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Prevalence and Epidemiology of Healthcare-Associated Infections (HAI) in US Nursing Homes (NH), 2017

Published online by Cambridge University Press:  02 November 2020

Nicola Thompson
Affiliation:
Centers for Disease Control and Prevention
Nimalie Stone
Affiliation:
Centers for Disease Control and Prevention
Cedric Brown
Affiliation:
Centers for Disease Control and Prevention
Taniece Eure
Affiliation:
Centers for Disease Control and Prevention
Austin Penna
Affiliation:
Centers for Disease Control and Prevention
Grant Barney
Affiliation:
New York Emerging Infections Program, Rochester, NY
Devra Barter
Affiliation:
Colorado Department of Public Health and Environment, Denver, CO
Paula Clogher
Affiliation:
Connecticut Emerging Infections Program and the Yale School of Public Health, New Haven, CT
Ghinwa Dumyati
Affiliation:
University of Rochester
Erin Epson
Affiliation:
California Department of Public Health, Healthcare-Associated Infections Program
Christina B. Felsen
Affiliation:
University of Rochester Medical Center
Linda Frank
Affiliation:
California Emerging Infections Program
Deborah Godine
Affiliation:
California Emerging Infections Program
Lourdes Irizarry
Affiliation:
New Mexico Department of Health, Santa Fe, NM
Helen Johnston
Affiliation:
Colorado Department of Public Health and Environment
Marion Kainer
Affiliation:
MPH, Tennessee Department of Health, Nashville, TN
Linda Li
Affiliation:
Maryland Department of Health, Baltimore, MD
Ruth Lynfield
Affiliation:
Minnesota Department of Health, St. Paul, MN
J.P. Mahoehney
Affiliation:
MPH, Minnesota Department of Health, St. Paul, MN
Joelle Nadle
Affiliation:
California Emerging Infections Program
Valerie Ocampo
Affiliation:
Oregon Health Authority
Susan Ray
Affiliation:
Emory Univ Sch of Med and Grady Health System
Monika Samper
Affiliation:
Oregon Health Authority
Sarah Shrum
Affiliation:
New Mexico Department of Health
Marla Sievers
Affiliation:
New Mexico Department of Health
Srinivasan Krithika
Affiliation:
Yale University
Lucy E. Wilson
Affiliation:
Maryland Department of Health, Baltimore, MD
Alexia Zhang
Affiliation:
Oregon Health Authority
Shelley Magill
Affiliation:
Centers for Disease Control and Prevention
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Abstract

Background: With an aging population, increasingly complex care, and frequent re-admissions, prevention of healthcare-associated infections (HAIs) in nursing homes (NHs) is a federal priority. However, few contemporary sources of HAI data exist to inform surveillance, prevention, and policy. Prevalence surveys (PSs) are an efficient approach to generating data to measure the burden and describe the types of HAI. In 2017, the Centers for Disease Control and Prevention (CDC) performed its first large-scale HAI PS through the Emerging Infections Program (EIP) to measure the prevalence and describe the epidemiology of HAI in NH residents. Methods: NHs from several states (CA, CO, CT, GA, MD, MN, NM, NY, OR, & TN) were randomly selected and asked to participate in a 1-day HAI PS between April and October 2017; participation was voluntary. EIP staff reviewed available medical records for NH residents present on the survey date to collect demographic and basic clinical information and infection signs and symptoms. HAIs with onset on or after NH day 3 were identified using revised McGeer infection definitions applied to data collected by EIP staff and were reported to the CDC through a web-based system. Data were reviewed by CDC staff for potential errors and to validate HAI classifications prior to analysis. HAI prevalence, number of residents with >1 HAI per number of surveyed residents ×100, and 95% CIs were calculated overall (pooled mean) and for selected resident characteristics. Data were analyzed using SAS v9.4 software. Results: Among 15,296 residents in 161 NHs, 358 residents with 375 HAIs were identified. The most common HAI sites were skin (32%), respiratory tract (29%), and urinary tract (20%). Cellulitis, soft-tissue or wound infection, symptomatic UTI, and cold or pharyngitis were the most common individual HAIs (Fig. 1). Overall HAI prevalence was 2.3 per 100 residents (95% CI, 2.1–2.6); at the NH level, the median HAI prevalence was 1.8 and ranged from 0 to 14.3 (interquartile range, 0–3.1). At the resident level (Fig. 2), HAI prevalence was significantly higher in persons admitted for postacute care with diabetes, with a pressure ulcer, receiving wound care, or with a device. Conclusions: In this large-scale survey, 1 in 43 NH residents had an HAI on a given day. Three HAI types comprised >80% of infections. In addition to identifying characteristics that place residents at higher risk for HAIs, these findings provide important data on HAI epidemiology in NHs that can be used to expand HAI surveillance and inform prevention policies and practices.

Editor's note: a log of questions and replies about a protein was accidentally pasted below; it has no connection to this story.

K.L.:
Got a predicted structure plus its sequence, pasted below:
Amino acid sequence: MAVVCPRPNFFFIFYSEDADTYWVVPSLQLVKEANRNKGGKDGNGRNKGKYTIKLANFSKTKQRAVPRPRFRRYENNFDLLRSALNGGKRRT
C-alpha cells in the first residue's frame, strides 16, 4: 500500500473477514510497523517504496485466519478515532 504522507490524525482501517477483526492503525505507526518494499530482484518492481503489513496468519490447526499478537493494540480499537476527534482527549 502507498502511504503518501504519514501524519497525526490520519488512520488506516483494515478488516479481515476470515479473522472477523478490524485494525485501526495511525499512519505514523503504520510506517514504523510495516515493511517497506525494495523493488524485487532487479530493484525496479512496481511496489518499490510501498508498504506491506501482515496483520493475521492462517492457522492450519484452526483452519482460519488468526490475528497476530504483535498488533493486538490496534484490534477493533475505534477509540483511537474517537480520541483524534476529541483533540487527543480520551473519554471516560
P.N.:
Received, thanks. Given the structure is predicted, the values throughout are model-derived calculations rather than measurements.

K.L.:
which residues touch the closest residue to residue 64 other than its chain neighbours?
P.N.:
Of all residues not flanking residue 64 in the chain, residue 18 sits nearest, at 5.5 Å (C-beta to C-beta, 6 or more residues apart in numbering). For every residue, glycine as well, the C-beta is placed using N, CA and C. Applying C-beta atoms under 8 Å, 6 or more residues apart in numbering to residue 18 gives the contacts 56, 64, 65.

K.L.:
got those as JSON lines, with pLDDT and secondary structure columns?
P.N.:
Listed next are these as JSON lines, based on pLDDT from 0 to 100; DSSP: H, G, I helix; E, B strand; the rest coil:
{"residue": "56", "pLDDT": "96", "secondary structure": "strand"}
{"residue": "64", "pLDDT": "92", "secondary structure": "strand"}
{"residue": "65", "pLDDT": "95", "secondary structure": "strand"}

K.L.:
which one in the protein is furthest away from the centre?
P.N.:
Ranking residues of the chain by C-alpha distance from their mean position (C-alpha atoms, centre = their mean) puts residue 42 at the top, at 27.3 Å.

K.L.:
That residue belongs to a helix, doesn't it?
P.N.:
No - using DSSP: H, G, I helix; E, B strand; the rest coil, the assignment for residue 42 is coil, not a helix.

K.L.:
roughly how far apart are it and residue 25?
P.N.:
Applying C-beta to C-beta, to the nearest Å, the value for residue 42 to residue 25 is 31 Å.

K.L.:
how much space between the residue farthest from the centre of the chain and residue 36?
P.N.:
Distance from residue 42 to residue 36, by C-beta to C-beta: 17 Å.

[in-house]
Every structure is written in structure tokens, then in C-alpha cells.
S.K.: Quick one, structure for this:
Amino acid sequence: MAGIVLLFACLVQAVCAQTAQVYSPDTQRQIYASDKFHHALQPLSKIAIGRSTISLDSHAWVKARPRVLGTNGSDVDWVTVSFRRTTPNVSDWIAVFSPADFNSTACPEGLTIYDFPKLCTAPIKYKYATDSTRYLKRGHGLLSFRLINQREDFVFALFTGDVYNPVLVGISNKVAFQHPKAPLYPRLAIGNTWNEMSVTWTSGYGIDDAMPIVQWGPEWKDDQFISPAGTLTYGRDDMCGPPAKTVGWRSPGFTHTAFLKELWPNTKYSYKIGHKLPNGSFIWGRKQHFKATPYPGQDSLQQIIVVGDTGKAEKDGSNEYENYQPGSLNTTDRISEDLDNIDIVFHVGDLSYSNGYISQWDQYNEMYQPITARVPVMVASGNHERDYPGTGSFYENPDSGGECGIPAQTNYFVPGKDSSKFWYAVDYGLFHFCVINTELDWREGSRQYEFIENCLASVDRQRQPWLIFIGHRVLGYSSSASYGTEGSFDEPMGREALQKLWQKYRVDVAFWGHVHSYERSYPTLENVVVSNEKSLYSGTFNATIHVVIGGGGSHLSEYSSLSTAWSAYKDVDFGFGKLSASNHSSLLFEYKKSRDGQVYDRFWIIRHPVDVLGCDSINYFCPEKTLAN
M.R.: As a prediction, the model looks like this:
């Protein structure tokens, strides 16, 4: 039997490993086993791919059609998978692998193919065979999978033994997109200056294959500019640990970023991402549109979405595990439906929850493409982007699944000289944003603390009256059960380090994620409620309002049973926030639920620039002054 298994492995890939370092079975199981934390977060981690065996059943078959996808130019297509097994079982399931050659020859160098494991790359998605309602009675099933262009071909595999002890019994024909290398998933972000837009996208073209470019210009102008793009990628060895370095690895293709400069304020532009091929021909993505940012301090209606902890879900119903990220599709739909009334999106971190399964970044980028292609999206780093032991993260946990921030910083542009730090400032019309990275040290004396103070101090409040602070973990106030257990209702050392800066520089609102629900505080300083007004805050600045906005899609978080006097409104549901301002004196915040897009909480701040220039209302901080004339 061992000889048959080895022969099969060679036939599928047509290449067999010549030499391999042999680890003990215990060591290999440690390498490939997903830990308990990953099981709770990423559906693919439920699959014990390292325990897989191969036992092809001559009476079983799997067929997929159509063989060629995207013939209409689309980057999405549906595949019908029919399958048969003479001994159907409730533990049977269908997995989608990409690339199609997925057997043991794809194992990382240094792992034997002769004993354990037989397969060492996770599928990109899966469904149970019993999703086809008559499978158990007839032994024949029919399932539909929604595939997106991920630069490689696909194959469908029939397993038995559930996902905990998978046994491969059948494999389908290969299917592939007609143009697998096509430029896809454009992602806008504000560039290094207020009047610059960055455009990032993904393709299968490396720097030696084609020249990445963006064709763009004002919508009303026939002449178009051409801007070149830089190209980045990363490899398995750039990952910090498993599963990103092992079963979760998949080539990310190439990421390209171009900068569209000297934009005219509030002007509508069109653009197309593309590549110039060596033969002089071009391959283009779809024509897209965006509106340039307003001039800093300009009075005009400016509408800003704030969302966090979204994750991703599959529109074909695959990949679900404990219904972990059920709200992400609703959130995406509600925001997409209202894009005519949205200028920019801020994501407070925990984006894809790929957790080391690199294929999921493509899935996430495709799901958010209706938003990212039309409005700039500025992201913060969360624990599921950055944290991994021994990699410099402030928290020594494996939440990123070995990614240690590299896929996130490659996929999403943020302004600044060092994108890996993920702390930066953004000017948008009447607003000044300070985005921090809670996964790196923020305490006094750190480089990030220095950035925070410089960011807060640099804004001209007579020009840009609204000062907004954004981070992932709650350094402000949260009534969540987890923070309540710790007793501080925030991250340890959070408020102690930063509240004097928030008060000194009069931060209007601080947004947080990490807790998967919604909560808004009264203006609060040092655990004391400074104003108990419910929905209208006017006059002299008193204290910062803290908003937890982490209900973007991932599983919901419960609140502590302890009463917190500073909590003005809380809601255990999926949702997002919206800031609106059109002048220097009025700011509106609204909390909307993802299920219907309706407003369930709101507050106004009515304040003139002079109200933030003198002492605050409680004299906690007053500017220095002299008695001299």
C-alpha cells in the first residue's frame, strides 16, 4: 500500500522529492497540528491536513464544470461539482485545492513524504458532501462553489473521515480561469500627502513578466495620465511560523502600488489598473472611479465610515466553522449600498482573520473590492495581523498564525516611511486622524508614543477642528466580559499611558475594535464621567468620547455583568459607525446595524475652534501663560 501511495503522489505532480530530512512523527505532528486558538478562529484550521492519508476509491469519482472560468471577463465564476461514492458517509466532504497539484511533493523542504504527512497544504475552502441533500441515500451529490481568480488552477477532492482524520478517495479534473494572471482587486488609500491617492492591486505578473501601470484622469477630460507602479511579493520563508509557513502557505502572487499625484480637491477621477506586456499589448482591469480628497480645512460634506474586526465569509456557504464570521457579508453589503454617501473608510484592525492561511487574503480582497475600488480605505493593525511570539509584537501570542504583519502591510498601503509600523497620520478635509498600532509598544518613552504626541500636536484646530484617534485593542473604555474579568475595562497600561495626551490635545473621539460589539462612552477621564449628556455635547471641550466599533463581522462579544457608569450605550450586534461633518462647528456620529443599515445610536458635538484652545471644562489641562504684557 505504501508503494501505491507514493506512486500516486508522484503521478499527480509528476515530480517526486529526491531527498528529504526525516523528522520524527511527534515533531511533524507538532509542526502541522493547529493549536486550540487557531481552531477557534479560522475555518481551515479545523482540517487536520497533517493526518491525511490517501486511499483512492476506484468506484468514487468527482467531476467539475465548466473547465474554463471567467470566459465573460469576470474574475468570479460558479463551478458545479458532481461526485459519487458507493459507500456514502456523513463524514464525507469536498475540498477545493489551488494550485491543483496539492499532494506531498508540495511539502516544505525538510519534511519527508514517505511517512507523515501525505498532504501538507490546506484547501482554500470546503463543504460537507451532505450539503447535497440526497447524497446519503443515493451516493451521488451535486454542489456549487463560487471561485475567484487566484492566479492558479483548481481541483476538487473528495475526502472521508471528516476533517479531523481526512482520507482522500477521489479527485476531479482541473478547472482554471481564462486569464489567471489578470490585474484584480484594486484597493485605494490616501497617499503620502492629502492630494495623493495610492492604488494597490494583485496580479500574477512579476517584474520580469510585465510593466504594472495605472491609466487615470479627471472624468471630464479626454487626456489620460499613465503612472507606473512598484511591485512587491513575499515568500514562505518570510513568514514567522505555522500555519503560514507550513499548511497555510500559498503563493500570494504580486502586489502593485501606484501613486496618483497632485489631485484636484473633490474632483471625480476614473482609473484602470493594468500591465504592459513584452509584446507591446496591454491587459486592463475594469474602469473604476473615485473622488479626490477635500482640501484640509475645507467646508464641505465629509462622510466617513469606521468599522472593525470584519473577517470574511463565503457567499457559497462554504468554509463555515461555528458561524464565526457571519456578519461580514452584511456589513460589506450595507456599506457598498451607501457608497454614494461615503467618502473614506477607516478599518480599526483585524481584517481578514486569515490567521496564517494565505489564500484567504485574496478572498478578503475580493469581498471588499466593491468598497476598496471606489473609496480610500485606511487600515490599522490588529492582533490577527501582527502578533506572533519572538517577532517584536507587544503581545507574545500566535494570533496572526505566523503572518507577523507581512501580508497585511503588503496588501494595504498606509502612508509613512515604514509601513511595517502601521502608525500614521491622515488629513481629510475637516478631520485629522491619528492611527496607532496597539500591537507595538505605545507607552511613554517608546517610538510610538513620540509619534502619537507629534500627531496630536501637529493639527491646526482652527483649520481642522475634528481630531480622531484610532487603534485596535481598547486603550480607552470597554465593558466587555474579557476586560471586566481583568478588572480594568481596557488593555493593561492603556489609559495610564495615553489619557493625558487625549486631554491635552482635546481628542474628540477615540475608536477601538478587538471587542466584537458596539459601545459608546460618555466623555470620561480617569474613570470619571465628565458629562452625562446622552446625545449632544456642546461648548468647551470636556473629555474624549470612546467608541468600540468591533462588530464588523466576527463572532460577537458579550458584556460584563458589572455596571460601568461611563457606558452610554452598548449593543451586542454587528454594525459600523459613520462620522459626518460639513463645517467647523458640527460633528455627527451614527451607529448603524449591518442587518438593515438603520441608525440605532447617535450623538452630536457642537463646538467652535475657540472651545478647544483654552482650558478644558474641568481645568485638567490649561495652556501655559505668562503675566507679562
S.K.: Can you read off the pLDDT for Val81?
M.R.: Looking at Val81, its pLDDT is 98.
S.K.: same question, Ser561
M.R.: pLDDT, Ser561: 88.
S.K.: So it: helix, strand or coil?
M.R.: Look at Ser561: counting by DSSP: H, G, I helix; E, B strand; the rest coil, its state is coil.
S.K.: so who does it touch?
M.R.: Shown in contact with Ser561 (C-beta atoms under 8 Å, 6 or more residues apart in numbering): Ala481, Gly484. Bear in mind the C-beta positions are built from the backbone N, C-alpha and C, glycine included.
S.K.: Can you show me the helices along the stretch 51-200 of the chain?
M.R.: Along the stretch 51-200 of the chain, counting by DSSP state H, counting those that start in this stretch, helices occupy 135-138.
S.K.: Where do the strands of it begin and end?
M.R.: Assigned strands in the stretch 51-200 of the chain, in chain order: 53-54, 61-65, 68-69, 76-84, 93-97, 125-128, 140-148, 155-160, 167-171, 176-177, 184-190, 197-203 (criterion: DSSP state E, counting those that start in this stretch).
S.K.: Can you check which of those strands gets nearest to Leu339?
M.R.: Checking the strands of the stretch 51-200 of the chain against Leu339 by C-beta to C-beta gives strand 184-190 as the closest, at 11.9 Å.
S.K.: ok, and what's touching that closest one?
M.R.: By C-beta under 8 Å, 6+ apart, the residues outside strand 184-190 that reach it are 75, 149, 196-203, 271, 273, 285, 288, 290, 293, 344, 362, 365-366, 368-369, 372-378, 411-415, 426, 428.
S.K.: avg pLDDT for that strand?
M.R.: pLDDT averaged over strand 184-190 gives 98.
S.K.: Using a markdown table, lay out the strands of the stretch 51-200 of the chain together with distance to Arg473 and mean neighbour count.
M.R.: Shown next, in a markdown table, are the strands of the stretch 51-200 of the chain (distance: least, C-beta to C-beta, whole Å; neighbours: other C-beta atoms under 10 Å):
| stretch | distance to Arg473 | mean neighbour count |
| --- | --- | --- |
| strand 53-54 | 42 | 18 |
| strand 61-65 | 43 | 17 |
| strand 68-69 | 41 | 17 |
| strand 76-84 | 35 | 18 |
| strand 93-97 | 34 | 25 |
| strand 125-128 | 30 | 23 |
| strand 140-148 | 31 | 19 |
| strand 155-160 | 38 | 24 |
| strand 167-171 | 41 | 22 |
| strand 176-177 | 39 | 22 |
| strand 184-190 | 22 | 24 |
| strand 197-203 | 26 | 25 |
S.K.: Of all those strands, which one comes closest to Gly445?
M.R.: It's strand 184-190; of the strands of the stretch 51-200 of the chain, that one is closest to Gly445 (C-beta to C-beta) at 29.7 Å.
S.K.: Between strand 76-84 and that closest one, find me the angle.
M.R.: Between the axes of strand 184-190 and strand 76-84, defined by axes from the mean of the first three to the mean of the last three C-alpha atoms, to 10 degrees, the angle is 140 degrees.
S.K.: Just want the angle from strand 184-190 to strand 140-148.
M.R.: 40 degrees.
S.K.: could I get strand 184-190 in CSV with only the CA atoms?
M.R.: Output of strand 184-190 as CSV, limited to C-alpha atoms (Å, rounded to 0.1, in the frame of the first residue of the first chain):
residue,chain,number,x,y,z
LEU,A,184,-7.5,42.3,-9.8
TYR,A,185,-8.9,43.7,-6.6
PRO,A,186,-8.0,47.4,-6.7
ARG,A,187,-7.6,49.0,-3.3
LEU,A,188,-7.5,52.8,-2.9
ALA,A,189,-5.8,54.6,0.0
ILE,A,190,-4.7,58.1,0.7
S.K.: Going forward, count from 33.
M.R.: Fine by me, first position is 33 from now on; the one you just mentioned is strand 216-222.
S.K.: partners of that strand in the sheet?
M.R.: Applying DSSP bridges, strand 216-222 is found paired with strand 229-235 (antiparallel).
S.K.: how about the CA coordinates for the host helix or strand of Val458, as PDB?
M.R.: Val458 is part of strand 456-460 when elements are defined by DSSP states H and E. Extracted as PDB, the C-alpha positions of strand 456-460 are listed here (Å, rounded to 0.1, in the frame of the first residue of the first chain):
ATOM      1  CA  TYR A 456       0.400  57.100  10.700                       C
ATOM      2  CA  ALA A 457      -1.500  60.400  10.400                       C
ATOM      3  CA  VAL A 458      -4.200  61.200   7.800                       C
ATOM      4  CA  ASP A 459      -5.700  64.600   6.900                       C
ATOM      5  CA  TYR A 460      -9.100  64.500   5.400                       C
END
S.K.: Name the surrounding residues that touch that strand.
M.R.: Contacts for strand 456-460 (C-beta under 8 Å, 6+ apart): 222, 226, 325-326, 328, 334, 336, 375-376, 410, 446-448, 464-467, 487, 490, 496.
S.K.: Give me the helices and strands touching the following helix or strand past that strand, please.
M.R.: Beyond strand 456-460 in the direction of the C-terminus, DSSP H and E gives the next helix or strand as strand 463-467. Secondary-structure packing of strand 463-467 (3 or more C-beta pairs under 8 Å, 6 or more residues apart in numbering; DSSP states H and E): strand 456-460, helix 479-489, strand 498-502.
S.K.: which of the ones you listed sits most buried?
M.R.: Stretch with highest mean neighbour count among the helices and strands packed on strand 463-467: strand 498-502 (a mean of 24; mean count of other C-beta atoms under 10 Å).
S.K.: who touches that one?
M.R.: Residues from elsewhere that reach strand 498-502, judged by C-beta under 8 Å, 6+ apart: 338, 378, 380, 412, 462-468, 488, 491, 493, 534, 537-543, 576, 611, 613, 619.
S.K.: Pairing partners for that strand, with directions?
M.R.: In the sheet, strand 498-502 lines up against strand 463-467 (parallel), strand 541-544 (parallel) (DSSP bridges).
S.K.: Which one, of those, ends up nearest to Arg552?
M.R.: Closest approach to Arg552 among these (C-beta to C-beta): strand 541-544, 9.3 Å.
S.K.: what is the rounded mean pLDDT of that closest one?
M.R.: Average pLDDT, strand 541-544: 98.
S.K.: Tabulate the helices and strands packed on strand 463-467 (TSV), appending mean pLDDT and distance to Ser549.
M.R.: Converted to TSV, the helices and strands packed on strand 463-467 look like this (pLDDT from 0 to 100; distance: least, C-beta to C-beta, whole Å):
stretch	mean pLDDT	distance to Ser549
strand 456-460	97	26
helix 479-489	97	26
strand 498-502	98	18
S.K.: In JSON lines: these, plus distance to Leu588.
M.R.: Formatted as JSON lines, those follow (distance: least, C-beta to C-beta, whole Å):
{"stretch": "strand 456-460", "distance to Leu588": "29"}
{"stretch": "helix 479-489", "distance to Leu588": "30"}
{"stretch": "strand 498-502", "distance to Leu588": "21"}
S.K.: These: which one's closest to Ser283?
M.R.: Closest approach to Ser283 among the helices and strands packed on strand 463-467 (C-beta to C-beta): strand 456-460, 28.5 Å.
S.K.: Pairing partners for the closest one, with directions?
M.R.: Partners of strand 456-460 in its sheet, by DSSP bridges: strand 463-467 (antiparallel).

Funding: None

Disclosures: None

Type
Oral Presentations
Copyright
© 2020 by The Society for Healthcare Epidemiology of America. All rights reserved.
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